1 Joseph Parkes, Esq., author of “History of the Court of Chancery.”

when the wisdom of his conversation excited in me the idea of nothing less than the inspiration of which we read in certain holy books.”—“Et alta et divina quadam mente præditus.”

“Though I have met many, if not most of my countrymen distinguished for literature or science,” says Dr. Gooch, “I have seldom heard any thing equal to, and never any thing more striking than his conversation. It was spirited—often vehement—it surpassed the rest of the company, more in quality than in quantity; for while it was sufficiently distinguished by the value of the thought, or the felicity of the expression, there was never that everlasting flow, which sometimes overlays and smothers conversation. When he said any thing striking, it was accompanied by a dictatorial manner, an uplifted arm, and a loud voice; but you could perceive an under expression of humour, as if he was conscious, and meant it to be understood, that it was a piece of acting. In his opinions, there was a simplicity, a common sense, a dislike of refinement and paradox, which I was not prepared for: they were the sentiments of a man of good sense, sometimes very simply, sometimes very strikingly expressed.”1

Before strangers he was often reserved; and though seldom silent, was cautious, on such occasions, in the choice both of his topics, and of the language which he employed in discussing them. “I do not allow myself,” said he, “to converse upon every subject to which I have attended, before every man whom I meet.”2—“I quite

Blackwood’s Mag. Oct. 1825. 2 Reply to Combe, p. 72.

shrink,” he writes to a friend, “from the very thought of joining the large and promiscuous company, to which you invite me. This kind of society I have found, by experience, to be extremely inconvenient and unpleasant; and it would oblige me to submit to multiplied restraints, which prudence instructs me, in such company, to put upon my conversation.” To another invitation, not perfectly agreeable to him, which came from a lady, he thus writes in reply, with good humour smiling through his anger:—“Dear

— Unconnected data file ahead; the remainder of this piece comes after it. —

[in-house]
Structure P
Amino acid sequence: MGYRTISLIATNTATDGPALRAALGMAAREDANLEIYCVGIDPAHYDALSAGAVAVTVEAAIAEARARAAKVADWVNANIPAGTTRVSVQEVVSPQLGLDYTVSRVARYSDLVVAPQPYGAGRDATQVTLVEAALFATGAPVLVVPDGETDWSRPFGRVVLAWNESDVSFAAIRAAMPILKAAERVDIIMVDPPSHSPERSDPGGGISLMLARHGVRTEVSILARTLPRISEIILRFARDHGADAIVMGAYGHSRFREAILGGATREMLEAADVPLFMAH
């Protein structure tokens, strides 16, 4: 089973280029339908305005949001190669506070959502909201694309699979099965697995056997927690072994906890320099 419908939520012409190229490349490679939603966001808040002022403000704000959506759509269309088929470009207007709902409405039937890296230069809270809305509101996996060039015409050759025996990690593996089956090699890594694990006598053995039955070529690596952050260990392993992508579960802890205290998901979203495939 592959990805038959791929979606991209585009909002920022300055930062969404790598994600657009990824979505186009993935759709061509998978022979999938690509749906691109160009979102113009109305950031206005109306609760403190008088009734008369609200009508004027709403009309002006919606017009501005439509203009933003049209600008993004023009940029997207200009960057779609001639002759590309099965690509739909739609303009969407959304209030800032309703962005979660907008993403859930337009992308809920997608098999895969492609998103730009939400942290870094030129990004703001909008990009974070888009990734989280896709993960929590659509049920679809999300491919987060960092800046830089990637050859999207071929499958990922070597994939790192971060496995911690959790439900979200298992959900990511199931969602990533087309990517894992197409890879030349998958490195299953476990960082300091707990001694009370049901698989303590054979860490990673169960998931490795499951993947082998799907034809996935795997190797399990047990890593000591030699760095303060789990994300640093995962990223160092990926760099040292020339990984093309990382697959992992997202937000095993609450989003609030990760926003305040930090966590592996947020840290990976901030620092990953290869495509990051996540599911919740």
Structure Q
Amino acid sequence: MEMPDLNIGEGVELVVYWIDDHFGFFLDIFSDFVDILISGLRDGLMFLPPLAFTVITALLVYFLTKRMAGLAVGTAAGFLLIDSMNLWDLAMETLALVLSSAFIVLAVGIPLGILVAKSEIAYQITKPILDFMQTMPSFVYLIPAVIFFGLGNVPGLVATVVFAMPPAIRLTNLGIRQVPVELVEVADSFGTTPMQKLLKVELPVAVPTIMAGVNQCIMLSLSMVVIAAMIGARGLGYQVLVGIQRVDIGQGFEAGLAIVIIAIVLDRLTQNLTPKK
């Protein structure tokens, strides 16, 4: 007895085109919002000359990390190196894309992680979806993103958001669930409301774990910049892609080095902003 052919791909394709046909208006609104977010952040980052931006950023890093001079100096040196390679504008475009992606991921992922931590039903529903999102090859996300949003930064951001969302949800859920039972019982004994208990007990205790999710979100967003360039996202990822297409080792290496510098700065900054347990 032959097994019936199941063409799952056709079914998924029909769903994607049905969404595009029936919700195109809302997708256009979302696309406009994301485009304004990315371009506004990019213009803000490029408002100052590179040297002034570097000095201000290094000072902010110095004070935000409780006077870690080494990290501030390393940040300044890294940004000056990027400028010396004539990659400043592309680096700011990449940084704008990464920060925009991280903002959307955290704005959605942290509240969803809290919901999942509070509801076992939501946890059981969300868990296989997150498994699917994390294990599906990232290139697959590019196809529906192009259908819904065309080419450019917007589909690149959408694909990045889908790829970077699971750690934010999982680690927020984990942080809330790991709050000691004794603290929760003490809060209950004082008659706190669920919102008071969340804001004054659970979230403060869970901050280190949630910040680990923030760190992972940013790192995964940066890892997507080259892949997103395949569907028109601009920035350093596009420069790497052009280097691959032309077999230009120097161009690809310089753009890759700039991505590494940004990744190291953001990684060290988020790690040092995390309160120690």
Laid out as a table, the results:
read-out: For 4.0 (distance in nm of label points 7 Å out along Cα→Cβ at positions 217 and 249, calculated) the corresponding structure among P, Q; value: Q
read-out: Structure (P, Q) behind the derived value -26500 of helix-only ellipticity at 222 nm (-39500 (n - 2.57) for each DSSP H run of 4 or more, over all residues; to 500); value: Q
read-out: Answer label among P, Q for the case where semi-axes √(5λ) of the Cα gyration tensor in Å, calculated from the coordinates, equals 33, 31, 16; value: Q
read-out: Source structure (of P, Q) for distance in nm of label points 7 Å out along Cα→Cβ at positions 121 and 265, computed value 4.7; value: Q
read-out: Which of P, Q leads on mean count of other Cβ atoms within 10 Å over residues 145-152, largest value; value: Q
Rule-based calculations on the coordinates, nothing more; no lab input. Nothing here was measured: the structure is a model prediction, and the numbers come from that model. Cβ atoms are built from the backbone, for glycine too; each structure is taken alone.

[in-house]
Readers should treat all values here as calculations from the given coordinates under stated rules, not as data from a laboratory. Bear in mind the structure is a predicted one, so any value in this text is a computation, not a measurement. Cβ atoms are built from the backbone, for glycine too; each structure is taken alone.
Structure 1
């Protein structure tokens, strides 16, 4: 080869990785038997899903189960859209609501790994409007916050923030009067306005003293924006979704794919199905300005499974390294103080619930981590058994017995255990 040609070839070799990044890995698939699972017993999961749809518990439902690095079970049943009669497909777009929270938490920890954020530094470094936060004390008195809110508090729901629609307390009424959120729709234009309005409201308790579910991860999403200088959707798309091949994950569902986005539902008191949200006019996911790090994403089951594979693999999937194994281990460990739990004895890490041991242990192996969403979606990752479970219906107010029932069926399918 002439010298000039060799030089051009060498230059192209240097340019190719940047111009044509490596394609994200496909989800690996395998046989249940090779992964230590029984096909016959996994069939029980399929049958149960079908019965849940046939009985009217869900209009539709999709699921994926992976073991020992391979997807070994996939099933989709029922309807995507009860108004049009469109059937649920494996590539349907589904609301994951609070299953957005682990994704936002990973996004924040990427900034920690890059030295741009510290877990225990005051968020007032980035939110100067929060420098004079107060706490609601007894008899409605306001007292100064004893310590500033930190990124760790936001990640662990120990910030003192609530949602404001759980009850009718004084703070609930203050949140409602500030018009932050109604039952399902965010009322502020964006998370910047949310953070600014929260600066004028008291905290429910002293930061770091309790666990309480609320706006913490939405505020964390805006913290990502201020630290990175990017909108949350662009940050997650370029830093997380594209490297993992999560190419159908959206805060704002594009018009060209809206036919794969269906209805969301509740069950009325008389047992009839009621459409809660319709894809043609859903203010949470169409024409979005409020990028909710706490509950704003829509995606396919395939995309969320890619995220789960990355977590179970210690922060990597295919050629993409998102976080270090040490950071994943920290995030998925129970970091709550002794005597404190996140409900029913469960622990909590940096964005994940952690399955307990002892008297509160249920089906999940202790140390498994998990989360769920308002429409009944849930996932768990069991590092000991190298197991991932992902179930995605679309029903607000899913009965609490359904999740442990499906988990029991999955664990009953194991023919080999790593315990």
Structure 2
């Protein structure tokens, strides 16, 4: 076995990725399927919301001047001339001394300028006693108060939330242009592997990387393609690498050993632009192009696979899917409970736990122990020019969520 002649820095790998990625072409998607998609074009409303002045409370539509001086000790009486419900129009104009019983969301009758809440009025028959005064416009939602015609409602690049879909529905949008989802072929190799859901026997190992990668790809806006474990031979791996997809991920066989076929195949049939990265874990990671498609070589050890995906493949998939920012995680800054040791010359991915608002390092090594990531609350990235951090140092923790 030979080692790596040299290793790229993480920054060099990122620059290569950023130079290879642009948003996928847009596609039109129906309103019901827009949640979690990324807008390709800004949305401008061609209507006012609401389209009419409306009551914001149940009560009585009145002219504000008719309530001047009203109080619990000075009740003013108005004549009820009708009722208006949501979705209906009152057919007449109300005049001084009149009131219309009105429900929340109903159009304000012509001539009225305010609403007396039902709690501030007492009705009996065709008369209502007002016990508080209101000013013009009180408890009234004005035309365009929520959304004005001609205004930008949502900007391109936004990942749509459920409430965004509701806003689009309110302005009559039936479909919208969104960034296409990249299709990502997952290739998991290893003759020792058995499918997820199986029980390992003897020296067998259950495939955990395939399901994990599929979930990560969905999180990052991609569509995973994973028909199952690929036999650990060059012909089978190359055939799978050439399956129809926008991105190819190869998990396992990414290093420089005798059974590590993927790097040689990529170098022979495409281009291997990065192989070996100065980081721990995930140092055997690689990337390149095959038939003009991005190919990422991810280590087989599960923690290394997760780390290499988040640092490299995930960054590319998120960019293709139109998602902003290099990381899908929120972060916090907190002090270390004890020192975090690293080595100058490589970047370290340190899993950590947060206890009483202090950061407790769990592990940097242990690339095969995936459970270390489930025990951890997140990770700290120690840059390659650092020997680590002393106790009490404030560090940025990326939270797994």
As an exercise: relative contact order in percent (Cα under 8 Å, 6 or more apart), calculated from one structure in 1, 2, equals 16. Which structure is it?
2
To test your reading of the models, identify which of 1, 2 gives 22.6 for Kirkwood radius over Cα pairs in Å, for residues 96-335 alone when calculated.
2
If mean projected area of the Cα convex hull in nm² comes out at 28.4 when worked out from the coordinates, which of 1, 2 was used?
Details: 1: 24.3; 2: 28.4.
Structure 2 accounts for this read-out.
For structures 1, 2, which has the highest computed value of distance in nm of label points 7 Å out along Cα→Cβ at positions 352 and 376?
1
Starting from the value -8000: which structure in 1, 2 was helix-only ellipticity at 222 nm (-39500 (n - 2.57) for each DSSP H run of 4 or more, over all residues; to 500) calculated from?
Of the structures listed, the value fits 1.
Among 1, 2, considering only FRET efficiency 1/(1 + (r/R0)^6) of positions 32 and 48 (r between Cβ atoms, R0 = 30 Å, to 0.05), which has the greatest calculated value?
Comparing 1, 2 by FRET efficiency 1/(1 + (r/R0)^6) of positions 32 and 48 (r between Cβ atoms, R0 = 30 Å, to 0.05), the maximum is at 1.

H—, You have more than forty times heard me express my reluctance to meet strangers; and you must have frequently seen the inquietude I felt in their presence. However, I will come; and unless you, by your attempts at logic or at eloquence, put me into bad humour, I shall make a silent one, or a stupid one, of your party; or, if things go wrong, a bowing, and a soft-tongued, and a swift-removing guest. Dear H—, thou hast a demon, and art half-mad and quite bad; and so, farewell! Believe me, your angry friend, S. Parr.”—“To Mrs. ——, with Dr. Parr’s frowns.”

His learning, which was poured forth, so promptly and so copiously when required, Dr. Parr never suffered, on ordinary occasions, to appear at all; and the littleness of pedantry is, in no degree, to be imputed to him, in conversation at least, whatever may be said of his writings. He has been accused of speaking with too much complacency of himself; but such instances of vanity, never very frequent nor very obtrusive, may easily be pardoned in one, who could not be